The applicant sought an order from ACAT that the owners corporation issue a rule infringement notice for various alleged breaches of House Rules and rules of the owners corporation.
In response, ACAT held that there is no general power in section 129 of the UTMA to order the executive committee or the owners corporation to exercise powers or functions that it is not otherwise authorised to exercise.
However, ACAT also noted that this did not mean that ACAT is completely devoid of powers to deal with rule infringement notices, only that there are certain processes that must be followed before such matters can come before ACAT.
Further, section 129(1)(g) of the UTMA provides that ACAT may make an order giving effect to an unsuccessful motion for a resolution of a general meeting if ACAT is satisfied, after a merits review, that opposition to the motion was unreasonable. Ms Martin was entitled to put a motion to a general meeting asking the owners corporation to issue a rule infringement notice. Had that motion been unsuccessful, Ms Martin would then have been entitled to seek a review of that motion in ACAT. However, that option was not open to her as no motion had been put.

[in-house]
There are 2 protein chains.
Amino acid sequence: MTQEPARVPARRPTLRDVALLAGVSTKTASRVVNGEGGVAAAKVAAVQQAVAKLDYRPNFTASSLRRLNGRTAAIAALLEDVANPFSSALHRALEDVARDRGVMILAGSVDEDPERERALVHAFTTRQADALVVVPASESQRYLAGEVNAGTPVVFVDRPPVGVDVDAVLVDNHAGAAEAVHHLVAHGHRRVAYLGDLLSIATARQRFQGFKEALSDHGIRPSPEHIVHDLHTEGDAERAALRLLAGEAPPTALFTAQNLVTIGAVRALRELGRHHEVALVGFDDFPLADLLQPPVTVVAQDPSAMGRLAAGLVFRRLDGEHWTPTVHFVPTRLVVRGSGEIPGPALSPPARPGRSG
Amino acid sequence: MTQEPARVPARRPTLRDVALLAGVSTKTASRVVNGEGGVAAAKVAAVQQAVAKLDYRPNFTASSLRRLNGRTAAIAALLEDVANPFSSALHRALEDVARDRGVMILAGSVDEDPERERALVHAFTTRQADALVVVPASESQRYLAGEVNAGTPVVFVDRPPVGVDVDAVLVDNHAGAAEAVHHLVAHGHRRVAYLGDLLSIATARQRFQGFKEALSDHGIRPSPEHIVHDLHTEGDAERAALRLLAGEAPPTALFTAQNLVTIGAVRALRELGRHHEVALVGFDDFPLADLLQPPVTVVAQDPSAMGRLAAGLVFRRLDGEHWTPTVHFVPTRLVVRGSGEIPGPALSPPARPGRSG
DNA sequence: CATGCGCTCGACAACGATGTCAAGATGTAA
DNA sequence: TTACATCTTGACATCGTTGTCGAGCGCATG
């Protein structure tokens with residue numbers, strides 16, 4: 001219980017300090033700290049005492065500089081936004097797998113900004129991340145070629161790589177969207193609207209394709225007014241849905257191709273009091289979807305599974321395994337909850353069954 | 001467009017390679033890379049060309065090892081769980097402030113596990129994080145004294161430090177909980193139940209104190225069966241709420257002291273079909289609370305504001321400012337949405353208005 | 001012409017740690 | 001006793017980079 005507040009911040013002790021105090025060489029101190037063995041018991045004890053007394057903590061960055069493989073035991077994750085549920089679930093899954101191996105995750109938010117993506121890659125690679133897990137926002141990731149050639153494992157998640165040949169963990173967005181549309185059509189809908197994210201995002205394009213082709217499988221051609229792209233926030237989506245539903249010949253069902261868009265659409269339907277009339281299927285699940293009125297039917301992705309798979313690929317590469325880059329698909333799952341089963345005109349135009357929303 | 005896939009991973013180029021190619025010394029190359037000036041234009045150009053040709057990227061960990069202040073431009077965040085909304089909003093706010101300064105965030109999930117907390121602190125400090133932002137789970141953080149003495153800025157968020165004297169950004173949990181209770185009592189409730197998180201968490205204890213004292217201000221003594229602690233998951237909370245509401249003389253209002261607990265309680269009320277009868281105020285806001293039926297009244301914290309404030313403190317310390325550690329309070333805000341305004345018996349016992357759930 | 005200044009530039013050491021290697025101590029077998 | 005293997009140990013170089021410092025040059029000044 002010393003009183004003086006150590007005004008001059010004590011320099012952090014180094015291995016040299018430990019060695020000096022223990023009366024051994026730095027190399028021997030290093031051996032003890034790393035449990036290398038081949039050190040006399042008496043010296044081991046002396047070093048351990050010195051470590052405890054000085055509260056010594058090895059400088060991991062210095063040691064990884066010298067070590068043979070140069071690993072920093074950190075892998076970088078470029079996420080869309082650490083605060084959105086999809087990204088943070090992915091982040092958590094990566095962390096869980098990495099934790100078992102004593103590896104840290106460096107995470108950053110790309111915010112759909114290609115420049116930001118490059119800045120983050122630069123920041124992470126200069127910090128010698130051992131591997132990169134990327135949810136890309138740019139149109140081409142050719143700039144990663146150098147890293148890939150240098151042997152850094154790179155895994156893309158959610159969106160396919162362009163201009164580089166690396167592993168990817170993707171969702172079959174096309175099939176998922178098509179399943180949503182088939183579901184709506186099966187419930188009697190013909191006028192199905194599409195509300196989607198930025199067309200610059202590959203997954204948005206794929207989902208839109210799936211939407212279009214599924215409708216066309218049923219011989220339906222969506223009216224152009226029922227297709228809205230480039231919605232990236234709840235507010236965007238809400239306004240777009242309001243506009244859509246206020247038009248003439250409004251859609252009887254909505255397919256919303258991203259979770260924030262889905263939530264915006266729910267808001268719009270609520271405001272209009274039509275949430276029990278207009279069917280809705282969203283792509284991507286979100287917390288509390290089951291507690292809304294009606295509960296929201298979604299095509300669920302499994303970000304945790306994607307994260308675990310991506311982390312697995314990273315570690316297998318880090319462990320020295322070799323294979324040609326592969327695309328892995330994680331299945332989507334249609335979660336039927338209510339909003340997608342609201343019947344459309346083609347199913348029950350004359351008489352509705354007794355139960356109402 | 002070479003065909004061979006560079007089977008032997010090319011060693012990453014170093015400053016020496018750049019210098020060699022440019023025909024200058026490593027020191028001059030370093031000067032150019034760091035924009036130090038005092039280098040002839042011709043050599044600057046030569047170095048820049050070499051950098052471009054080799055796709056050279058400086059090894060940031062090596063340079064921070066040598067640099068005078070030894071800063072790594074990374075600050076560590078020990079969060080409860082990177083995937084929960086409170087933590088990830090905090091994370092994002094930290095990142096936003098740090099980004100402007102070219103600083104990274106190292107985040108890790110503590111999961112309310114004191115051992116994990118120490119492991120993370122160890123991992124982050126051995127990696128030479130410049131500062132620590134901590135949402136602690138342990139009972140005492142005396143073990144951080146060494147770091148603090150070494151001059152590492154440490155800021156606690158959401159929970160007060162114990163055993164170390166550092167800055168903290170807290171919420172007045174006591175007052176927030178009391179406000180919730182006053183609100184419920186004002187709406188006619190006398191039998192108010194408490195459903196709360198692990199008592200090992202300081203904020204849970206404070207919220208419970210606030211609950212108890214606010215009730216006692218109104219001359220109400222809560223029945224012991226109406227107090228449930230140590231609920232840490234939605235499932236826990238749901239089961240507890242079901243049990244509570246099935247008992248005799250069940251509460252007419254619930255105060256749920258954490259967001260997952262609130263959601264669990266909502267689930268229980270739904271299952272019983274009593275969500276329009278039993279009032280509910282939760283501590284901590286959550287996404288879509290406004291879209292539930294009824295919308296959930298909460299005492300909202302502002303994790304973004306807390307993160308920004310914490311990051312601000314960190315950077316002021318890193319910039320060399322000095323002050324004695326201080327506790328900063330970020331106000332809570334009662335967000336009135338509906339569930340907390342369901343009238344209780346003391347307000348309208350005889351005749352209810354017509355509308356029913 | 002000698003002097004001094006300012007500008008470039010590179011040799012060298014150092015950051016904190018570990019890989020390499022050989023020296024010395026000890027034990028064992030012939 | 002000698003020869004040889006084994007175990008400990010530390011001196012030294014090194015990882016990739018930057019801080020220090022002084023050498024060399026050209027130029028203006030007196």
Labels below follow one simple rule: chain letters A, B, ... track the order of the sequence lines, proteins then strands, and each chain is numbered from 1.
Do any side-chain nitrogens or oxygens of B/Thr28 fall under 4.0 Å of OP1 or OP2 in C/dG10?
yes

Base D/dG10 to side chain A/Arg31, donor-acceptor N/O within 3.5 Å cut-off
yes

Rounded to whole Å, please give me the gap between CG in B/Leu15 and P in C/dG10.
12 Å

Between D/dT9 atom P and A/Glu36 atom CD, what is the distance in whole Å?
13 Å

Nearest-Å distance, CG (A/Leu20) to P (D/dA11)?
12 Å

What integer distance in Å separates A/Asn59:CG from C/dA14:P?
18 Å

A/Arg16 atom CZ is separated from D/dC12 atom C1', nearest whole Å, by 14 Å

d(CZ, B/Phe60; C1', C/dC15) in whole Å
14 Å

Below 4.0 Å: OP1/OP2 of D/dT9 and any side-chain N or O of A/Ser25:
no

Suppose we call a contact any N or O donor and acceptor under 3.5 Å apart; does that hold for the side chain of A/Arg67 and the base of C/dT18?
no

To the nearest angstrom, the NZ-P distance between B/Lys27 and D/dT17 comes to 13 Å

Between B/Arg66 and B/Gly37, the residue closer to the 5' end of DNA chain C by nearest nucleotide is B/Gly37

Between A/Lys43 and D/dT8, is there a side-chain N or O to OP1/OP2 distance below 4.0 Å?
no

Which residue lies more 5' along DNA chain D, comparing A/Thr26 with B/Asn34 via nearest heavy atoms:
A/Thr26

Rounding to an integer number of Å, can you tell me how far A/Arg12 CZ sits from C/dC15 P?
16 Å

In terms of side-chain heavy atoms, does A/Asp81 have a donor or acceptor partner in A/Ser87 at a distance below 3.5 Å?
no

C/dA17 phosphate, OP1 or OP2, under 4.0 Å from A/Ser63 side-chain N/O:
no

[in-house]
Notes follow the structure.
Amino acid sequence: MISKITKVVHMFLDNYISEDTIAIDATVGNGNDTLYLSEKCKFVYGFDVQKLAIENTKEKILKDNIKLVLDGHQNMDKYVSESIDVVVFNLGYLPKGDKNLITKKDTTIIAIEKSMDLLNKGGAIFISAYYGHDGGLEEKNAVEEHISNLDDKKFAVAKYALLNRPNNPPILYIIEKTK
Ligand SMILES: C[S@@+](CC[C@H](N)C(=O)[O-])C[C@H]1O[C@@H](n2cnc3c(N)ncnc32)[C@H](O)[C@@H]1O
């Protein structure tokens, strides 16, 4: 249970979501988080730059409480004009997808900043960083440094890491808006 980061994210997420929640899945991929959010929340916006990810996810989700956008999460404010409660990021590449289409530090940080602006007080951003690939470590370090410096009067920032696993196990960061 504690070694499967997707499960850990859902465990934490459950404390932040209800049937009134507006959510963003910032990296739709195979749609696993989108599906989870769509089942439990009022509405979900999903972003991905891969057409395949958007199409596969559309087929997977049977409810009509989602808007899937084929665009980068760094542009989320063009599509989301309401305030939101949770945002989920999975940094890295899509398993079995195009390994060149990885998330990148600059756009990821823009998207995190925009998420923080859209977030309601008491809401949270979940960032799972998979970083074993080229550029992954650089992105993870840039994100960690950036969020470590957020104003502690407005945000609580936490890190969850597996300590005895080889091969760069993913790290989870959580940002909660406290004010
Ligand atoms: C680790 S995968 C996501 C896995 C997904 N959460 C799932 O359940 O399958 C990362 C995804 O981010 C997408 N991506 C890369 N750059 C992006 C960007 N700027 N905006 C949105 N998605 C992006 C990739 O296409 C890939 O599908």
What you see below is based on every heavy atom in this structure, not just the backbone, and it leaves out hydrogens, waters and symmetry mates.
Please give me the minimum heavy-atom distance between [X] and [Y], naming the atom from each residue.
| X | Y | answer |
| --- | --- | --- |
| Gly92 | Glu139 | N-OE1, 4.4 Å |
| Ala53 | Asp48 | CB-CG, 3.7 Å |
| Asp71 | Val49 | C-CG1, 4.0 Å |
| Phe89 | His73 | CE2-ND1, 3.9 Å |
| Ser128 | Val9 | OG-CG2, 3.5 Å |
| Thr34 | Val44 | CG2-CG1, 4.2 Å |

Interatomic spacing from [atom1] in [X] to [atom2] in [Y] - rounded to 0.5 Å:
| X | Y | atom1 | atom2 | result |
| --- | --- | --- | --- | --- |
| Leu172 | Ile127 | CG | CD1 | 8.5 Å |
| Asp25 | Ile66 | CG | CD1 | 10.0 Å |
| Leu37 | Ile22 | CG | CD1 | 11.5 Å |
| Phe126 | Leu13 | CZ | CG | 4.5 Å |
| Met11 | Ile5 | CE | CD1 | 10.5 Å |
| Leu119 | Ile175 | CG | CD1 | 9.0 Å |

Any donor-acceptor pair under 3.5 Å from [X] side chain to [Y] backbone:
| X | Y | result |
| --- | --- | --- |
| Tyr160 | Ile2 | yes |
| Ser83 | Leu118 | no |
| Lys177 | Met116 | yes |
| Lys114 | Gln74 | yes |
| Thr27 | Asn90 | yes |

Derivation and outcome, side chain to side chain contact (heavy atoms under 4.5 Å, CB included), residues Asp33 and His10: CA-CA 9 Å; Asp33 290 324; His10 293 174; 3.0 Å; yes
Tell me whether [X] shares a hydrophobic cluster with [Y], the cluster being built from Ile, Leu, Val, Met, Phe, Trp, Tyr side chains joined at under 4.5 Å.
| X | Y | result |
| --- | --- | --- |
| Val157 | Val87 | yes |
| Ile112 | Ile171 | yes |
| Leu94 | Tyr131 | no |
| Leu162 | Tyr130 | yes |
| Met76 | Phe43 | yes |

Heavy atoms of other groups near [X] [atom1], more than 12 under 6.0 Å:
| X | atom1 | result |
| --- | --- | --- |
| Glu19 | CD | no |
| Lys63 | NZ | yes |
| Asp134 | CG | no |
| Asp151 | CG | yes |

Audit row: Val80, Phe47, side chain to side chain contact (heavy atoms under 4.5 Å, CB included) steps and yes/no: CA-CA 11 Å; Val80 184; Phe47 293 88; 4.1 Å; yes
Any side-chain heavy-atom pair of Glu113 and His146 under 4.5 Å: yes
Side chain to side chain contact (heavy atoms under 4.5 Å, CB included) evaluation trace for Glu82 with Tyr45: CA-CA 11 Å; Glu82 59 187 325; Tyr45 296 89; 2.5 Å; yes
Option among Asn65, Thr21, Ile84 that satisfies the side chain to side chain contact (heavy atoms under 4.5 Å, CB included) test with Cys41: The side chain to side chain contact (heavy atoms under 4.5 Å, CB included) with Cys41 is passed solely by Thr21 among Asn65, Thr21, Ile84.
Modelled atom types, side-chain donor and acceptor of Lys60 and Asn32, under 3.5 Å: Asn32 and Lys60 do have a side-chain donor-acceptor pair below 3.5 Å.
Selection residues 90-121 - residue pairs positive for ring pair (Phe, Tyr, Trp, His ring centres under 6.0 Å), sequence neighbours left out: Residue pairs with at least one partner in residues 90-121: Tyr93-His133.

Finally, given the weight given to the right of owners corporations to manage their affairs along democratic lines, ACAT observed that Ms Martin attempted to circumvent these democratic processes by simply asking ACAT to step into the shoes of the representative bodies and order that a rule infringement notice be issued. To allow this kind of process would mean it would be easier for aggrieved residents to come directly to ACAT for a rule infringement notice or other remedy, rather than it would be to put forward a resolution seeking authorisation through the body corporate, and then seeking a merits review if necessary. This would undermine the democratic, self-governing approach to the management of unit corporations.